of particular group interests, and indeed individual
ones too, without however sustaining the idea of
essential unity of all human (or more generally just
all) beings- that is difference and identity without
unity and universality.
Tradition Plus side
… correct to stress that
there are causal laws,
generalities, at work in
social life. … also correct to
insist that these laws may
be opaque to the agents’
spontaneous understanding.
(Bhaskar, 1998: 21)
Down side
… the reduction of
these laws to empirical
regularities, and in the
account that it is
thereby committed to
giving of the process of
their identification
(Bhaskar, 1998: 21)
Hermeneutic … correct to point out that The ‘epistemic fallacy’:
the social sciences deal with ‘the need to constitue a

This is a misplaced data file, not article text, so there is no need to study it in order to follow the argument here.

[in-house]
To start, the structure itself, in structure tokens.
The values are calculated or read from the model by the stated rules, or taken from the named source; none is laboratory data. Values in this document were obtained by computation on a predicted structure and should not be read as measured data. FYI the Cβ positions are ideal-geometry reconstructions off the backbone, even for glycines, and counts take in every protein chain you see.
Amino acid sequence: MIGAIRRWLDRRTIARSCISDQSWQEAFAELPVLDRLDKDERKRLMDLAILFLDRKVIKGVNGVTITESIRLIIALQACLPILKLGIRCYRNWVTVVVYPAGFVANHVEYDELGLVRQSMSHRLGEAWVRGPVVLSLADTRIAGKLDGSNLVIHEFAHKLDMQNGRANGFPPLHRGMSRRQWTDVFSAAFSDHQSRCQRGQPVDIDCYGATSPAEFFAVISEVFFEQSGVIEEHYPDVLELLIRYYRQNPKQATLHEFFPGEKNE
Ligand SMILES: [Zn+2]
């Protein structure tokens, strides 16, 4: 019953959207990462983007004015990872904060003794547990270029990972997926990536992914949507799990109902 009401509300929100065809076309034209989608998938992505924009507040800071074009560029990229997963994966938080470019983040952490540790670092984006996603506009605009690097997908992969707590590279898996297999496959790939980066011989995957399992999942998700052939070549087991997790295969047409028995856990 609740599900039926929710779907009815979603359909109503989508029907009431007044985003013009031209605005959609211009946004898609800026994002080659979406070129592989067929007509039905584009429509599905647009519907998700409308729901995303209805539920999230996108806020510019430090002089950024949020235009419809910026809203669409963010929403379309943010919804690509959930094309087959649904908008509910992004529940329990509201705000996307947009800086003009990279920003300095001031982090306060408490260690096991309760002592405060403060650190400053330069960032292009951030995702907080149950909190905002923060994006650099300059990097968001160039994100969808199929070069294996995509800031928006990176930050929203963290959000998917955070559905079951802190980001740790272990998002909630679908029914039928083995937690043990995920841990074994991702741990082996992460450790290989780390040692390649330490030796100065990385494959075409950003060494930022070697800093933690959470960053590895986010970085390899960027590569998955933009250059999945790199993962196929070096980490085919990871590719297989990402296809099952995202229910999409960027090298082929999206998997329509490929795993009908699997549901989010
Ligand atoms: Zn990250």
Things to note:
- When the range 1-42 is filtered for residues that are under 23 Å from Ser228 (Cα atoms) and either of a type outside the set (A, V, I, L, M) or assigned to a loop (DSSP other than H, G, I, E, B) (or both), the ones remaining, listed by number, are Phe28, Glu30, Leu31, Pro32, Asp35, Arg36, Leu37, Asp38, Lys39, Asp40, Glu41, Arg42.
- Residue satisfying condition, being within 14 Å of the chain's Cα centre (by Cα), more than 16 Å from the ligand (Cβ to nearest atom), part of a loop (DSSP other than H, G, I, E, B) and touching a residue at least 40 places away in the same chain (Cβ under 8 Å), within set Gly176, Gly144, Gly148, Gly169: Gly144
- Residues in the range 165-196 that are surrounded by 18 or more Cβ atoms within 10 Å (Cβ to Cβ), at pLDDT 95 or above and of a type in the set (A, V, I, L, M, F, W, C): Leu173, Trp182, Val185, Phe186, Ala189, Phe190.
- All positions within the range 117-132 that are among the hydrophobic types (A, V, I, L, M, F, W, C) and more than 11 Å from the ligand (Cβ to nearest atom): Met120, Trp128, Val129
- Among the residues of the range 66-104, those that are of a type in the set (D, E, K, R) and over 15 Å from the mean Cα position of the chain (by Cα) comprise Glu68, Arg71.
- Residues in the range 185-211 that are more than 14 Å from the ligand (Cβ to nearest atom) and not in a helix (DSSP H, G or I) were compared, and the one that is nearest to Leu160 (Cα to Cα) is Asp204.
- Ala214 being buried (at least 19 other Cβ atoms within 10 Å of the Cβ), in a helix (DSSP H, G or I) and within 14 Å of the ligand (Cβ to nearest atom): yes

[a] pre-interpreted reality …
the social sciences stand, at
least in part, to their subject
matter in a subject-subject
… relationship, rather than
simply a subject-object …
one. (Bhaskar, 1998: 21)
transitive dimension to
complement the
intransitive diemsion or
ontology alread
established’ Bhaskar,
1989: 18)
For the critical realist …
… there is no inconsistency between being an
ontological realist … believing that there is a real
world which consists in structures, generative
mechanisms, all sorts of complex things and totalities
which exist and act independently of the scientist …
saying that that knowledge is itself socially produced;
it is a geo-historically specific social process, so it is
continually in transformation in what I call the
epistemological, transitive or social dimension for our
understanding of science. Science … is
characterised by relativism, … pluralism, diversity,
difference and change … (Bhaskar, 2002: 211)
Fly UP